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On the other hand, aside from filling the net against Montreal, Minnesota has also been filling in the win column. Playing arguably their best hockey since becoming a professional team. Since acquiring Parise and Suter in the same offseason, Minnesota has had their eye on a Cup. With the changes that have been made to tweak the roster in the last 365 days, that dream is looking attainable.


New faces in familar places

Doc Emerick once said, “it’s often the third and fourth line guys”. In terms of cultivating a championship caliber team, the latter portion of your lineup often is the most important. That being said, finding the proper components is easier said than done.

In the case of the Boston Bruins, since their 2013 run at the Cup, finding those players has proven to be difficult. Recently that trend initially appears to be changing. In fact they didn’t have to go very far geographically to find them.

Both Frank Vatrano and Tim Schaller went undrafted out of the University of Massachusetts and Providence College respectively. Vatrano signed a deal with the Bruins entering 2015-16 after a strong training camp, but was assigned to the AHL affiliate Providence. From there, he was nearly a goal per game player. The East Longmeadow Massachusetts native possesses the skating ability and heavy snap shot to compete at the NHL level with ease. While short in stature, there is no lack of heart when it comes to “Frank the Tank“. Off season surgery sidelined him for the bulk of the early portion of the 2016-17 season, but since his return, he’s added another scoring threat on the power play. Also, allowing head coach Claude Julien some flexibility with his line mixing in game.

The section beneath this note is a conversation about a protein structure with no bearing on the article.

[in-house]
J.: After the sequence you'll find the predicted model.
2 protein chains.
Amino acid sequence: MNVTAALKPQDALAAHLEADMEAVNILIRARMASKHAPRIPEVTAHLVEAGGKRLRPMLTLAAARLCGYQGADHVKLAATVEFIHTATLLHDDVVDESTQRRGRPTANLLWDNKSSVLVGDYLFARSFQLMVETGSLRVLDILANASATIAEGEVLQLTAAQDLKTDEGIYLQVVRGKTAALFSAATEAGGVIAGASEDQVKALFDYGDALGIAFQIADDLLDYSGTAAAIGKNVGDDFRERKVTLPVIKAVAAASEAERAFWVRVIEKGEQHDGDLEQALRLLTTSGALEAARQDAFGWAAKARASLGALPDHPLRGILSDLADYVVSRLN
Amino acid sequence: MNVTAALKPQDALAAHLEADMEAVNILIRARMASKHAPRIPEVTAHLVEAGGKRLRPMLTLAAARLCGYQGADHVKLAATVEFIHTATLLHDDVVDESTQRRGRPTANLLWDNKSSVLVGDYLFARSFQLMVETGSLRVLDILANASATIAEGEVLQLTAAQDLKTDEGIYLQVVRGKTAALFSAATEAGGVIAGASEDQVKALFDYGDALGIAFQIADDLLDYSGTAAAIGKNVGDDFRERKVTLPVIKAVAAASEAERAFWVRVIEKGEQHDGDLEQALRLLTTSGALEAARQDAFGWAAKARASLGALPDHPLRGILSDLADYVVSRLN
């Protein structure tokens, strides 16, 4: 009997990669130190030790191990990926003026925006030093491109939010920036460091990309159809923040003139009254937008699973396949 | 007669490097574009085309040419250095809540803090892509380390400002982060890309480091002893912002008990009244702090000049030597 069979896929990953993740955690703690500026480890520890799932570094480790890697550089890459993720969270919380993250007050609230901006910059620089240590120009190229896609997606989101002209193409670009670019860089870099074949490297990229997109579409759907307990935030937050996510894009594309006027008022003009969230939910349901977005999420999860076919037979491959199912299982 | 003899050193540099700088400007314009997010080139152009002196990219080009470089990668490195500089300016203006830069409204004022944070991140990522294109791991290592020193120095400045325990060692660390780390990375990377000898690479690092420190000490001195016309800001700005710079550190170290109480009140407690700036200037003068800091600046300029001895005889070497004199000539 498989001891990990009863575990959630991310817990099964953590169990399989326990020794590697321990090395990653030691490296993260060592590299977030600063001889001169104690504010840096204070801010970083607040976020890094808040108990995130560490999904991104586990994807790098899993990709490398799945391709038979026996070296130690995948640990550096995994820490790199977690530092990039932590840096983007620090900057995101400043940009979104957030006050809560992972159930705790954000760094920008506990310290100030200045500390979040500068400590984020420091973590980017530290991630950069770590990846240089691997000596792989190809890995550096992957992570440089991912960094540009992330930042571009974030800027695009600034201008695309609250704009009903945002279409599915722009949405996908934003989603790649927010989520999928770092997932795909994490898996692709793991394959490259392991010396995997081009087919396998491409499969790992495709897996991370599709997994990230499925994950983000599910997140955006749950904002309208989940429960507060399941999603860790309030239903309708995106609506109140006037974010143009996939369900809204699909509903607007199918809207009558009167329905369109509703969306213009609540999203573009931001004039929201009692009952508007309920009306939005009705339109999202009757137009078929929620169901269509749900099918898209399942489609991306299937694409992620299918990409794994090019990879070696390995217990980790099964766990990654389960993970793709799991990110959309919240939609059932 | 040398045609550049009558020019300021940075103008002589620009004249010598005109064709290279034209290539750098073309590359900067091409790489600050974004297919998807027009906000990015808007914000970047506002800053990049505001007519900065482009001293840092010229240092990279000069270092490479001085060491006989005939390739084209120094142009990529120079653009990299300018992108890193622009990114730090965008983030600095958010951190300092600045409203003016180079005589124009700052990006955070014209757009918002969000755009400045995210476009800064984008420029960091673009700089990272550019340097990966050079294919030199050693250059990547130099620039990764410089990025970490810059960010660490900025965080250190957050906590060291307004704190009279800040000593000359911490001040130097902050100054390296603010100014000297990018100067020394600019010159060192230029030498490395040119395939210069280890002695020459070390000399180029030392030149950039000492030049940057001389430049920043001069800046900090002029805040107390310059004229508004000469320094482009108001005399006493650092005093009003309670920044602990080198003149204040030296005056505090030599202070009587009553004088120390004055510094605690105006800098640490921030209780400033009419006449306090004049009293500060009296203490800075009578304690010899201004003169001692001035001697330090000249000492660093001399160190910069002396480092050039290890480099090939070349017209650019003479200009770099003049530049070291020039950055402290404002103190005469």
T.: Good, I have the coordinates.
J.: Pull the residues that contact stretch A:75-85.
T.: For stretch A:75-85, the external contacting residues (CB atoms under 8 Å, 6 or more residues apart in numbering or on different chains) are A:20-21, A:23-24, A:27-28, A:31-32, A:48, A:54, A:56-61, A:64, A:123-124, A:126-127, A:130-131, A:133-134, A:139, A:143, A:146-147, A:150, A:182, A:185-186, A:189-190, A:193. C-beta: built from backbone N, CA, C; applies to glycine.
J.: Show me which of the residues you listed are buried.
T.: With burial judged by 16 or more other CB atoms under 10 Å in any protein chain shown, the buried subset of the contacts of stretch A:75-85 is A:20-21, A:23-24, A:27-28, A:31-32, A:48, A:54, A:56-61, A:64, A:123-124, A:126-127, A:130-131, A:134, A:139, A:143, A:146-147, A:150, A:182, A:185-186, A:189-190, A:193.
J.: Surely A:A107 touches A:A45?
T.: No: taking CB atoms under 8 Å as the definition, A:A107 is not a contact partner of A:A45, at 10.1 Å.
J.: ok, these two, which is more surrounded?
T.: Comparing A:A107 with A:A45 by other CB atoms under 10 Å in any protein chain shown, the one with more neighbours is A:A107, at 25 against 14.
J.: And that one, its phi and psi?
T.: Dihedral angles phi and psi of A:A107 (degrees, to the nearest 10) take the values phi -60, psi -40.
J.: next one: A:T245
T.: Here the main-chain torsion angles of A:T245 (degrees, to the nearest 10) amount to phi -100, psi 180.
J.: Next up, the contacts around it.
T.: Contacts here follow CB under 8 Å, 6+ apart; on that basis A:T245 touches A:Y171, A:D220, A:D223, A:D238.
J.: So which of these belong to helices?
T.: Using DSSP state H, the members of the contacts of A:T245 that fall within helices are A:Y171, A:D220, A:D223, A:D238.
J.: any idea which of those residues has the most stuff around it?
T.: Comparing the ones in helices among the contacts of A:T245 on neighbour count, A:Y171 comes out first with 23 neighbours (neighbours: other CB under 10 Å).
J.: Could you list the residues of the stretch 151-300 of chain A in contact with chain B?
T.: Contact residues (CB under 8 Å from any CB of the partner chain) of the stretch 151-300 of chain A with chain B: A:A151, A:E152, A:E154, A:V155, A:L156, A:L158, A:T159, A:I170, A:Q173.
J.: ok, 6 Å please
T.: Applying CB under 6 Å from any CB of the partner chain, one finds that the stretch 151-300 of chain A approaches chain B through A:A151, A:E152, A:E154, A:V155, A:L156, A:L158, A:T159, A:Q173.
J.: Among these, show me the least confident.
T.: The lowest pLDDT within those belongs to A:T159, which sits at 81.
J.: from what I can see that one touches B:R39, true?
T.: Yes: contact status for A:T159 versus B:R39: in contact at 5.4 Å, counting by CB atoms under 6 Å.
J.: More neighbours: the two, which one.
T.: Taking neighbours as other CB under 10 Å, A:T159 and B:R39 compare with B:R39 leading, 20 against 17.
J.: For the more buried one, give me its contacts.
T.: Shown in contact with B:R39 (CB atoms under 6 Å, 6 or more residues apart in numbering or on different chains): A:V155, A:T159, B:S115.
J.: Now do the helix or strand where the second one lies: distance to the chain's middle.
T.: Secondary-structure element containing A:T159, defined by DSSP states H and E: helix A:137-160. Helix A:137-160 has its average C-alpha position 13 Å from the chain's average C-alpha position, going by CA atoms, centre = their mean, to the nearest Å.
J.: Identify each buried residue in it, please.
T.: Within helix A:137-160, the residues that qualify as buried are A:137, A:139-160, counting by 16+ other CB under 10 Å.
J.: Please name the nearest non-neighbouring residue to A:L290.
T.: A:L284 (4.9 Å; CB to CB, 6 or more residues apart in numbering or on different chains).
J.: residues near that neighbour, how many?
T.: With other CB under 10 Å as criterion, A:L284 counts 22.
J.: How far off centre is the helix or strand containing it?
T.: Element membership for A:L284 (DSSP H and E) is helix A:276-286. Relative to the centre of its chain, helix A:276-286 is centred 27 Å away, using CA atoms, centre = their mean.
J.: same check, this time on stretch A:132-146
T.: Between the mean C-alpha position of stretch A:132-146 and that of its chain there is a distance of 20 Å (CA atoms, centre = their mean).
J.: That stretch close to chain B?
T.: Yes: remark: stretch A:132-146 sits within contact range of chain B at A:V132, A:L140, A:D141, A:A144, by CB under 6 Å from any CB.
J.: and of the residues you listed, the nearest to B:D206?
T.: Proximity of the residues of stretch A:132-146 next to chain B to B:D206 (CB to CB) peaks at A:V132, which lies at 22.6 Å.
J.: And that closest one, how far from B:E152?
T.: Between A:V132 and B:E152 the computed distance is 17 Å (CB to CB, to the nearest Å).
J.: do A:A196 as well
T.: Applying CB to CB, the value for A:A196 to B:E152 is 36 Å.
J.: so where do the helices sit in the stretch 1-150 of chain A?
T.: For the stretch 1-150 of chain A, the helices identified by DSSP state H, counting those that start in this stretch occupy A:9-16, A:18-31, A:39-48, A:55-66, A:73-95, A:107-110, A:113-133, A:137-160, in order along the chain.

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Merrimack, New Hampshire product Tim Schaller may have raised some eye brows when he chose the Friars rather than committing to his hometown team. In four seasons at Providence, Schaller’s most productive season came in his last as a Friar tallying 23 points. While those numbers don’t jump off the page, it was enough to be signed by Buffalo. In three seasons between the Sabres and the Rochester Americans, he was far more effective at the AHL level than the NHL.